Bent Words

Bent Words

December 18, 2007

It was a day so hot you could feel the heat rise through your shoes from the sidewalk. The air was heavy and still enough to make you choke inside the tunnel and I had to wash my face three times before I finished pushing out in order to stave the salty sweat falling into my eyes. I remembered to bring a few tissues with me before I began again; the expletives sliding off my tongue as easily as the sweat from my brow.

It was a busy Saturday despite the lacking air in the shop. One of those days where everyone had a ‘clever’ comment regarding weather and you’d surely smack each one with a stapler if only you had the strength but none of did. In fact, rather than relishing in a cigarette, most of us spent our free moments haggling over pole position in front of one of the three oscillating fans in the building. It was better than baking in the sun.

Everyone was done long before the end of the day and, everywhere you looked, employees roamed about lazily with untucked shirts, circles wide under their arms and wet strands of hair threatening to drip into exhausted eyes. Everyone, that is, but Shane.

He was just quitting an air-conditioned car, rising slightly on his toes with each step and carrying with him a case of Miller Light – always cause for a cool grin in the midst of the suffering summer sun.

After the last customer faded and sought sanctuary in their air-cooled abodes, after all the toys were shoddily set to rest in the tunnel and after we had all washed our faces one last time, it was officially beer-thirty. Stretching out our bodies on the pavement that had finally cooled a bit since the midday heat, it was the only way we could think of – the ultimate sensation – to stand or sit or squat amongst the tools and toys and grease and tribulation and unfinished jobs and finally find ourselves with a moment’s worth of repose. Where once we could be sure to experience nothing less than mayhem and unforgiving features, we now found peace. Peace within the walls of delirium.

The madness ceased for us and now was our chance to watch the wiles of the world race beyond our borders. And there we sat, reveling in round two, facing forward without the necessity of words, while the rest of ‘them’ raced by in cars, in trucks and on two wheels, rarely stopping for red light on the corner of our little shop.

“I’ll put you guys on the list – just in case,” said our Finance Manager, Adam.

That steaming Saturday was Johnny Blaze’s last day at the shop and, with a name like that, so entirely appropriate, we had to regretfully let him go in style. Adam invited us to spend our last hours together by checking out his skills as keyboard player and faithful free shot receiver, extraordinaire. Thus, after another round of liquid courage, we happily acquiesced.

“And you can ride with me!” I exclaimed eagerly as Shane laughed all the while.

“Only if I can drive…”

Only if I can properly record this fine evening, I thought, holding up my camera for another ‘candid’ shot of Johnny Blaze scratching himself and faking the delight of my cigarette.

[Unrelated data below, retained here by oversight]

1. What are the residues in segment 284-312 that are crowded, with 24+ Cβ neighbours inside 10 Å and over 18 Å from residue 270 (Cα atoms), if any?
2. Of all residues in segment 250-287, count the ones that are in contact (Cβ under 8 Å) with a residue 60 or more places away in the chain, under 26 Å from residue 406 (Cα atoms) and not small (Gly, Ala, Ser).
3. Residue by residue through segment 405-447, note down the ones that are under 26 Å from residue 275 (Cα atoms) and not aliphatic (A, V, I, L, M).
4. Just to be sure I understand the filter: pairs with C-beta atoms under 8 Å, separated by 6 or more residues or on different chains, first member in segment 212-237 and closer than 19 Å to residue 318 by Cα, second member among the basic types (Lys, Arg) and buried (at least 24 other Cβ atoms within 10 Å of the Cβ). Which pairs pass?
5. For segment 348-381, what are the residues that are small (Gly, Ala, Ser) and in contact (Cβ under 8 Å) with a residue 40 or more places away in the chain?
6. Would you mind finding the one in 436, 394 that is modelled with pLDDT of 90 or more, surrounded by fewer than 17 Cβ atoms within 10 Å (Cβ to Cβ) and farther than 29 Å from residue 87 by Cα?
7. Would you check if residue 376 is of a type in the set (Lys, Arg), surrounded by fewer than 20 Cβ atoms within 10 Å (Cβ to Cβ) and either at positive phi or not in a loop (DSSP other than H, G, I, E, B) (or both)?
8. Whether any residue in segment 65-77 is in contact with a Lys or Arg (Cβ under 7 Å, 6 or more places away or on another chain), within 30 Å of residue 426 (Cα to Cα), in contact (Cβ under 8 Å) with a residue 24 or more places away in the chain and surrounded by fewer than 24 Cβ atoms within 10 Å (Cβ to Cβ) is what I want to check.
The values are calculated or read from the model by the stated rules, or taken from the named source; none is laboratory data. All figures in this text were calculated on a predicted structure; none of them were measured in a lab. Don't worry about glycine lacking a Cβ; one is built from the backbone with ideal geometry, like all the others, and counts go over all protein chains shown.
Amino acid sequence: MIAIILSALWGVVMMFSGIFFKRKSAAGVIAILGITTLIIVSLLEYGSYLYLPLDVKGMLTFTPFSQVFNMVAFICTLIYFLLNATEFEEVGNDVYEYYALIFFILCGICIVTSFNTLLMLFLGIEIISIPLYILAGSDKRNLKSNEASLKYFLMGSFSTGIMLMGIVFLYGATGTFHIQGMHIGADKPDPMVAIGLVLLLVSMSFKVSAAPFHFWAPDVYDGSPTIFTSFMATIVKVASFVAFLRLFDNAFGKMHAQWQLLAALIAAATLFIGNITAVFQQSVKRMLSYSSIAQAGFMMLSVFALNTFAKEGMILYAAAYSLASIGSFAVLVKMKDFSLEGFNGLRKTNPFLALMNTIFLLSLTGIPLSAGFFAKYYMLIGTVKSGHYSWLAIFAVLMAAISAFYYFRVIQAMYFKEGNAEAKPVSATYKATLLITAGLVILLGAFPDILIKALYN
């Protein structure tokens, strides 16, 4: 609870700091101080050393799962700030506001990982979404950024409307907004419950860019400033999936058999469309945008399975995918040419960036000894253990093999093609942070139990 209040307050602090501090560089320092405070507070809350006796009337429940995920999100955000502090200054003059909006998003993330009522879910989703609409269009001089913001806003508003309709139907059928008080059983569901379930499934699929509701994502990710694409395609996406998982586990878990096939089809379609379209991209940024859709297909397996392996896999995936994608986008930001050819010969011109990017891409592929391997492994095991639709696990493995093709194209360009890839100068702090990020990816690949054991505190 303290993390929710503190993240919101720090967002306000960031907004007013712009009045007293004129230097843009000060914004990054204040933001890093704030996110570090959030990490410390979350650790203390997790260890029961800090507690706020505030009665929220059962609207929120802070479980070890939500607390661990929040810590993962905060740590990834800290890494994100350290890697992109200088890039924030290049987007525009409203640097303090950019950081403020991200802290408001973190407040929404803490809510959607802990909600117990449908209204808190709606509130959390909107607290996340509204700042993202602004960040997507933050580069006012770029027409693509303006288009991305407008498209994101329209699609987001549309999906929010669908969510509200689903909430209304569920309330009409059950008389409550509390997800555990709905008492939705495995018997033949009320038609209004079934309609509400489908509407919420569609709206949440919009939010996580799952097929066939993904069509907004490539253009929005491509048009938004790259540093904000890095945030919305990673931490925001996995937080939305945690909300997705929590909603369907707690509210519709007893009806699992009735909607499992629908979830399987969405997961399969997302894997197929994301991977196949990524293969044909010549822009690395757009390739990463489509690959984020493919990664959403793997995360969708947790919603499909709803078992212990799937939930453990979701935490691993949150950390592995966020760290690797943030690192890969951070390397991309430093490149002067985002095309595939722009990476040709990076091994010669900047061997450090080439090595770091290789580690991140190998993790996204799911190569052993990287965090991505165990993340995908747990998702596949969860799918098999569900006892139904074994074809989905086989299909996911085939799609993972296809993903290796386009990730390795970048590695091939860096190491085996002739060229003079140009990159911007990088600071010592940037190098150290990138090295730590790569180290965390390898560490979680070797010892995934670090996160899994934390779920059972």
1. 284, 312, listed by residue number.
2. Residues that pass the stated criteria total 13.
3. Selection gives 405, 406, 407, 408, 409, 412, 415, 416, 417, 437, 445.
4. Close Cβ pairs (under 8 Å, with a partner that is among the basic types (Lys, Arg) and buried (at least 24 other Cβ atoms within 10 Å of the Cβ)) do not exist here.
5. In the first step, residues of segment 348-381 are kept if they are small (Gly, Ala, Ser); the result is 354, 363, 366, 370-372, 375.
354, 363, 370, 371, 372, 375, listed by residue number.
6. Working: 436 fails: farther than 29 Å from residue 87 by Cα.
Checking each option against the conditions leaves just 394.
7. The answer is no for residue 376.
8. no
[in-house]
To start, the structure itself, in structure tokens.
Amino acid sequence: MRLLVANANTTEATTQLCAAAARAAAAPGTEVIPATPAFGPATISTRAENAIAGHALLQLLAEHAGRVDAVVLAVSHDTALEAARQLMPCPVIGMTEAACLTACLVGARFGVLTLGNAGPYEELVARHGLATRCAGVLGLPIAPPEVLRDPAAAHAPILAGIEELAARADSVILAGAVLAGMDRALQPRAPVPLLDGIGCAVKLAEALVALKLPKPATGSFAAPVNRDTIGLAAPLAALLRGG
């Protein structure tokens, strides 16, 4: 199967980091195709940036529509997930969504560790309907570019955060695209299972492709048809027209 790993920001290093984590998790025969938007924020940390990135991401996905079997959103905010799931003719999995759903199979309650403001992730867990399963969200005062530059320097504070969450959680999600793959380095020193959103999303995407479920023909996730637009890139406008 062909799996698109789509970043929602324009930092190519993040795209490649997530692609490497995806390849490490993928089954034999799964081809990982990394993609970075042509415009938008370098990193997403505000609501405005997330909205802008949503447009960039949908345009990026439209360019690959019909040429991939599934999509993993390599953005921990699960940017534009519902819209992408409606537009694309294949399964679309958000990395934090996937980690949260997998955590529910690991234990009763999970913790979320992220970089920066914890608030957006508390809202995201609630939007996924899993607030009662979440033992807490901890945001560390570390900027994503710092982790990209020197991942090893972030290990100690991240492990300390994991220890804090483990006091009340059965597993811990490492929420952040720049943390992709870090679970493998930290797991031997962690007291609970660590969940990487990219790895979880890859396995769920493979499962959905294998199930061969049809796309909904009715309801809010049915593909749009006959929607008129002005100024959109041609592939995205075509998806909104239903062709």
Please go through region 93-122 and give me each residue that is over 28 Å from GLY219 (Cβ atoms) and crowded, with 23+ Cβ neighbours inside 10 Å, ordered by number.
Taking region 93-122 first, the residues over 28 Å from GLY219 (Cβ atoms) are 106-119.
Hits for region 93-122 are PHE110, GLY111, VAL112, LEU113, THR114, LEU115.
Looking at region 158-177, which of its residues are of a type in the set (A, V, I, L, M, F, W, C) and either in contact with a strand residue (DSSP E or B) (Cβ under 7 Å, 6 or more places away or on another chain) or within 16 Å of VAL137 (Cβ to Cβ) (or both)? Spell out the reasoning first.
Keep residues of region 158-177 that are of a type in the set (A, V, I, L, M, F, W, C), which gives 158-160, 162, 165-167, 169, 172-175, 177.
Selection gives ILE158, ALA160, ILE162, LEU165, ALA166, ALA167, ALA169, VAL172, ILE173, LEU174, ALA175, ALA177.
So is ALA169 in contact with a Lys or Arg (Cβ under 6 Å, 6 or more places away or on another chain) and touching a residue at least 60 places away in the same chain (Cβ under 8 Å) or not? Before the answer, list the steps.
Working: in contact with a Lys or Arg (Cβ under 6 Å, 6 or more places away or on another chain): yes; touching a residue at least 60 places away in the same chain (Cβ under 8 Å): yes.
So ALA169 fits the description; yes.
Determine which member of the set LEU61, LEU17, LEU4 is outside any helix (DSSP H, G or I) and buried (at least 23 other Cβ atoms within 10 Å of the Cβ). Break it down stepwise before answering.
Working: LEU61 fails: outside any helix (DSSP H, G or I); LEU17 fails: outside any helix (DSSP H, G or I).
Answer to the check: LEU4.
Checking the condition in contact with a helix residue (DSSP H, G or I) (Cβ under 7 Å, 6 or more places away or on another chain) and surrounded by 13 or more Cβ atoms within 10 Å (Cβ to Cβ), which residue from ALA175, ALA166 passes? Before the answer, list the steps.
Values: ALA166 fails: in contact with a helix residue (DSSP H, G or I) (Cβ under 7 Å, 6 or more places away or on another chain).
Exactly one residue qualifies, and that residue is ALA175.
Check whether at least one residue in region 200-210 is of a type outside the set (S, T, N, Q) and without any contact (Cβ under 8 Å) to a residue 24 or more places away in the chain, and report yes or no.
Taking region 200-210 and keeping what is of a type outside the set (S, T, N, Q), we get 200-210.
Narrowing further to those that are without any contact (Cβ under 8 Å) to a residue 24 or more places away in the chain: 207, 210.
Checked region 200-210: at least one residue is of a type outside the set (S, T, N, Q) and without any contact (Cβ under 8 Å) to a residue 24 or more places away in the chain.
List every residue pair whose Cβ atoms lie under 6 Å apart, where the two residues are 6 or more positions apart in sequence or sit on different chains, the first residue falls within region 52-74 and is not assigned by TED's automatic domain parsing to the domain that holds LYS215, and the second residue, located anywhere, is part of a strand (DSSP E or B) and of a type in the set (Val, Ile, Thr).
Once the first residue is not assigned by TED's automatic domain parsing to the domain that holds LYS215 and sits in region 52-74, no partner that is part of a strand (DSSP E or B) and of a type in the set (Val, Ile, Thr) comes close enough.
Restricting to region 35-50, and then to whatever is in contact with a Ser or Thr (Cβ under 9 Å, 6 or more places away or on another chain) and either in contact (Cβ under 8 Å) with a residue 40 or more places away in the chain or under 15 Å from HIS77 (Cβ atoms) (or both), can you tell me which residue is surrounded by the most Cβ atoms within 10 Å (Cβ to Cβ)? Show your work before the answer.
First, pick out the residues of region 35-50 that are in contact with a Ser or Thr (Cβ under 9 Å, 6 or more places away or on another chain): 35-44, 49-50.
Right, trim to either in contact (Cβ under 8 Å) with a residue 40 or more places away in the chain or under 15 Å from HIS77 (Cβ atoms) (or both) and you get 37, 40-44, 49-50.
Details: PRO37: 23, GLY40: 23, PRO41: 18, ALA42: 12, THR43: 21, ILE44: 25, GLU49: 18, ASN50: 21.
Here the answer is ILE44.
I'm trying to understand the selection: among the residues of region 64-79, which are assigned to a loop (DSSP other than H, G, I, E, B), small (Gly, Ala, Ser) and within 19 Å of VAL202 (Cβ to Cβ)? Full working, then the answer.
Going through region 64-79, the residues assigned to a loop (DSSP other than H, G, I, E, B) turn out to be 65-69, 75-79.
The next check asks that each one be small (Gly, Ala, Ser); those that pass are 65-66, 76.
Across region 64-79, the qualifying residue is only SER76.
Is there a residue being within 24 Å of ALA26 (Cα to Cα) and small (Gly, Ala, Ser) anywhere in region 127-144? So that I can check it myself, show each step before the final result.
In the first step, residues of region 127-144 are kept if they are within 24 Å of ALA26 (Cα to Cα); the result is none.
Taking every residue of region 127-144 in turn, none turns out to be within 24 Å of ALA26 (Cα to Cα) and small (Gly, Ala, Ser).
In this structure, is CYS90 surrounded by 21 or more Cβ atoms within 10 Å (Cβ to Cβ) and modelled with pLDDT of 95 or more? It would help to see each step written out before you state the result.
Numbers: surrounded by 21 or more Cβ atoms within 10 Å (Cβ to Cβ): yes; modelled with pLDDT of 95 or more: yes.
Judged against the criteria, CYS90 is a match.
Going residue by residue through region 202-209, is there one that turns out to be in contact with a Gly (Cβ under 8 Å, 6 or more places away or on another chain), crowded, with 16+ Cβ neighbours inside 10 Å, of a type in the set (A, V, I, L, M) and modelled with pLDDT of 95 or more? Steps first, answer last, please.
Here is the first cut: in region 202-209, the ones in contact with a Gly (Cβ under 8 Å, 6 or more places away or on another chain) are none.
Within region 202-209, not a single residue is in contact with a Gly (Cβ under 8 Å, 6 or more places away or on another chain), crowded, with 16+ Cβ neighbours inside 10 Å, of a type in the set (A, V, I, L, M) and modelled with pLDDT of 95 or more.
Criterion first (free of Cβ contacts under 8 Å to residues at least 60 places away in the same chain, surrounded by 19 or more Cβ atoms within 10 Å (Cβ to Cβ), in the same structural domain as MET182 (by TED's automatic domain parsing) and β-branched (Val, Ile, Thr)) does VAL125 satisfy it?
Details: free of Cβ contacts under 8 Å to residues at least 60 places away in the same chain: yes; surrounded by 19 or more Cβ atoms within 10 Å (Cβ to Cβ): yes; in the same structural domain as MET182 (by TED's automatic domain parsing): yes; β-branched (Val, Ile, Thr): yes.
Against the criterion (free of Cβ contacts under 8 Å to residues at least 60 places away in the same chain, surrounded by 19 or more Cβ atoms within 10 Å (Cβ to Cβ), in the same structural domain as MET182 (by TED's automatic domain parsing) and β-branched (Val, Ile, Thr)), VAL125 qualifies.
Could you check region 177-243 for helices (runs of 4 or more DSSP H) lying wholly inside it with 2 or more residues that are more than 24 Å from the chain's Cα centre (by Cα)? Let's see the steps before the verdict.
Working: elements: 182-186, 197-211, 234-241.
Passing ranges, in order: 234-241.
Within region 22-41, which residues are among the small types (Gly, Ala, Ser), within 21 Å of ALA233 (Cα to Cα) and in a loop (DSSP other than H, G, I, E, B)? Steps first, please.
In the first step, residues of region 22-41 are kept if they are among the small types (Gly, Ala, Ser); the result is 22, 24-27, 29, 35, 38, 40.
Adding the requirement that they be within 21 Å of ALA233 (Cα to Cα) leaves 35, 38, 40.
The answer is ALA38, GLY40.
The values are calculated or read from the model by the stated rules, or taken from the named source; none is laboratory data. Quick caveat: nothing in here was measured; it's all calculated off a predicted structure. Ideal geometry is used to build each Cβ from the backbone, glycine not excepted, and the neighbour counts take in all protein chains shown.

The location of the entertainment was farther away than anyone expected but well worth the pride of being ‘on the list’ and waving the normal door fee. The beer was on someone else, the table was sticky with the nonsense of those who came before us and the neon lights barely provided enough reassurance to make one’s way to the bathroom. The noise was astonishing and there was no room for chatter or banter – only wild bouts of laughter and meaningful glances and gestures of head shakes to handle the lacking quietude – and the band hadn’t even taken the stage yet. Someone next to us tripped on an invisible obstacle; a party behind us raised their shots high in the air purposing a toast that couldn’t be discerned; six bartenders leaned over the ruckus to take another order.

But whose concern was that in the perfervid moment that Shane’s eyes met my own?

“Hanging by a moment here with you…”

The heaviness of the day struck from the record. The irritable customers faded from memory. The noise, the clutter, the true purpose of our evening, the color of my work shirt, the blister on my left hand, the color of the sky, the day of the month – along with all the other simple certainties swirling somewhere in reality – dismissed.

There was suddenly nothing left to see and nothing left to know; nothing that one could be more curious about or enthralled with. All the wonders of the world were easily combined in that singular space and we could have been anywhere and yet it would have mattered not. The walls could have burned, the tables collapse on cue, the sentiments of children could have cried out and I would not have been the wiser.

It was as though the past caved in upon us and, within a quiet stumble, fell away from our perception.

It was the most astonishing, the most beautiful and the most brilliant catastrophe I have ever experienced.

And with that, there was no escape and no desire whatsoever to break free. There was nothing else – nothing more and nothing less in the world that could change our minds for we were powerless against it. Better judgment, ideal conceptions, sympathetic whims, obvious impossibilities… Like the darkness of night swallowing up the hopeless heat of the day – gone.

Written at 7:08 p.m.